Far-left – people whose idea of progressive politics insensibly results in them renouncing conservatism, rather than abiding by it.

Infiltrate – submit an application for membership.

Online-thuggery – being impolite on social media forums. Example: calling people ‘Tories’, just because they have expressed support for the Conservative Party, and approve of its policies.

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Pfizer – a heroic pharmaceutical company, working for the sake of all humanity; on a for-profit basis.

Wingman promise – a pledge which adorns men’s grooming products, produced by the Wingman company: loyalty, confidence, and banter; coupled with a no-nonsense approach to life. Primarily, exfoliating dead skin-cells, while raising money on behalf of Help for Heroes.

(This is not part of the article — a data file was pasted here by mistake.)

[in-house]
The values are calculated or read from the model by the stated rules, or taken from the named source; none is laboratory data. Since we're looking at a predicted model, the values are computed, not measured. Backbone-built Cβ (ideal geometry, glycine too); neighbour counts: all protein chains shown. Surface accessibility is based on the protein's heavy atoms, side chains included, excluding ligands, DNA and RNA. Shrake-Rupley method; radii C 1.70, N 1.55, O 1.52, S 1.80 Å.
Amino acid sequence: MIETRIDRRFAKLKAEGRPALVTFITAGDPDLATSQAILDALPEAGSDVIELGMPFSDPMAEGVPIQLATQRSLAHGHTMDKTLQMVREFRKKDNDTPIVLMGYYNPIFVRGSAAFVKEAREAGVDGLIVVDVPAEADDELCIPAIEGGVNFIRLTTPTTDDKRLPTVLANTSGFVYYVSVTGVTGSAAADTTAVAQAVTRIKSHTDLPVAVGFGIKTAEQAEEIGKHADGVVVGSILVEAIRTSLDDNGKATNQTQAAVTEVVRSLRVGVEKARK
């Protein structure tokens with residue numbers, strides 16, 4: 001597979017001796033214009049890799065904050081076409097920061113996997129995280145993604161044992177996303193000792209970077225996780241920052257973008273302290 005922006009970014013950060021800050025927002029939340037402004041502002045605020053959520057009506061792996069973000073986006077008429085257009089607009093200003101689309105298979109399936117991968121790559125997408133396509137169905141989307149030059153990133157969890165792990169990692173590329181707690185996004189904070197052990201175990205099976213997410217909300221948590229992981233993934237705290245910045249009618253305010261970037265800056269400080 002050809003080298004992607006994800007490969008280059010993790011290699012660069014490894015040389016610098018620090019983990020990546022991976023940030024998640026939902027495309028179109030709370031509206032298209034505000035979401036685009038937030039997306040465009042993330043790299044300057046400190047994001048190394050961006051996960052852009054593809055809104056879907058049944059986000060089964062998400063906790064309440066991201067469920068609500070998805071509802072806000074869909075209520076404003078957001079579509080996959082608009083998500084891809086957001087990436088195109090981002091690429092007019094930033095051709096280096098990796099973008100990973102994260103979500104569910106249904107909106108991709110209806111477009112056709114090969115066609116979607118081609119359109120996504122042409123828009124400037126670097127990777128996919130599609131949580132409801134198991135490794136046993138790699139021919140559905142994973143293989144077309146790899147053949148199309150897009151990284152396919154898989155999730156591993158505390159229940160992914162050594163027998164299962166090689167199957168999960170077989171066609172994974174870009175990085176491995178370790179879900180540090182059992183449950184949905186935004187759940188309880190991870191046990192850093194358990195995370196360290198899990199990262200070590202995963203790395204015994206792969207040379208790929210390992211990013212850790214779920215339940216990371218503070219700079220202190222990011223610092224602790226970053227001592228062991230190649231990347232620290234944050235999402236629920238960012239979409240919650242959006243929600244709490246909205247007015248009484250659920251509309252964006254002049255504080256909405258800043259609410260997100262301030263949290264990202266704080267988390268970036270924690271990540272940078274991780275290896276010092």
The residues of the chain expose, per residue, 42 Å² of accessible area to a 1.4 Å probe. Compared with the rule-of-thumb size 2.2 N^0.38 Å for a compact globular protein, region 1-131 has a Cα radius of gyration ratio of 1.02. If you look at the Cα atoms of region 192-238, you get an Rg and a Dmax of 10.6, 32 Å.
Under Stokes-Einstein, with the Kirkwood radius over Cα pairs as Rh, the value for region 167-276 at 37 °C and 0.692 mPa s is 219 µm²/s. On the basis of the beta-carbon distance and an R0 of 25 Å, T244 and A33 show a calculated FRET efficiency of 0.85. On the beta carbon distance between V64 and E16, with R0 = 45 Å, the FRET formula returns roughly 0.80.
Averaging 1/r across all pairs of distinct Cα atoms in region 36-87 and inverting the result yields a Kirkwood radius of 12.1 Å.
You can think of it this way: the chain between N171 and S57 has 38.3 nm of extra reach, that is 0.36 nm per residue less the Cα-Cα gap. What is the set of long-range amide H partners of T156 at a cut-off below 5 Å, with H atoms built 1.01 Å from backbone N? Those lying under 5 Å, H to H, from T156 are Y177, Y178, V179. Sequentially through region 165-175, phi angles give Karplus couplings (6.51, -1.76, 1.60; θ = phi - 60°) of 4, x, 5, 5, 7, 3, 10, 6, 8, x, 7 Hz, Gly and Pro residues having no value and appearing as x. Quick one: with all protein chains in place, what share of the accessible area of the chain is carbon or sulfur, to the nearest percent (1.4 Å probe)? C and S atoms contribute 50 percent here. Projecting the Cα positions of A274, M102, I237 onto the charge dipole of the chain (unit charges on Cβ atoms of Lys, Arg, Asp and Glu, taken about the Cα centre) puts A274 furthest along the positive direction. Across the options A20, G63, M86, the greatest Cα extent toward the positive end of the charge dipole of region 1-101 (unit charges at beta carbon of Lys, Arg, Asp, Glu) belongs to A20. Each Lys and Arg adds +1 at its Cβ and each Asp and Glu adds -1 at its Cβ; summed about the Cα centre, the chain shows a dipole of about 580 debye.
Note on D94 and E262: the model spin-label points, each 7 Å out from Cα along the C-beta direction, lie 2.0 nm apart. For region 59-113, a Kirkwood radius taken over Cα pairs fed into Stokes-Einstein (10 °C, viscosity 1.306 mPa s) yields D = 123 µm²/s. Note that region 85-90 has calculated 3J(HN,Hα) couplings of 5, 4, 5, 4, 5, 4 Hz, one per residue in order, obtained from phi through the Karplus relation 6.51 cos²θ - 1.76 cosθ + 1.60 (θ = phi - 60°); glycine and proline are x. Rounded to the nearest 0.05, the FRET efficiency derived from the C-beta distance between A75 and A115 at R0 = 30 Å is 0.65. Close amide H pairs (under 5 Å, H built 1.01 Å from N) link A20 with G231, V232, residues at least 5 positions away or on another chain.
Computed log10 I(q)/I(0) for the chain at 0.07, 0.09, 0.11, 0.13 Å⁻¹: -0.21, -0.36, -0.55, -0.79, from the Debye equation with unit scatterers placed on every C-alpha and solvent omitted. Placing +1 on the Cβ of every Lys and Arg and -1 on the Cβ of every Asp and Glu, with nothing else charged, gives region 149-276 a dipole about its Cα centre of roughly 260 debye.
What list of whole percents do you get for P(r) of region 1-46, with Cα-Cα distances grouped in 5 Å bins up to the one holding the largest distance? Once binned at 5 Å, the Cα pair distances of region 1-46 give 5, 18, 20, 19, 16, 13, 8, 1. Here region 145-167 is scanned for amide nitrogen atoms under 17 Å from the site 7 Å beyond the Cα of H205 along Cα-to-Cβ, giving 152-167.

Help for Heroes – a charity which raises funds on behalf of disabled ex-service personnel, injured in Britain’s regrettably necessary wars.

British Legion – a charity which raises funds on behalf of disabled ex-service personnel, injured in Britain’s regrettably necessary wars; through the sale of poppies.

Poppy – a symbol of patriotic support for Britain’s glorious wars. Absence indicates the possible involvement in thought-crimes. Example – a dignified, deep-crust tribute to the fallen: 

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Waitrose – a decadent emporium, favoured by elites. Purveyors of effete lattes, elitist cereals, out-of-touch sandwiches; and the fruits of contemptuous banana plantations, straightened out in ivory towers, by the Liberal Intelligentsia Division Of Greengrocers, so as to accord with EU regulations.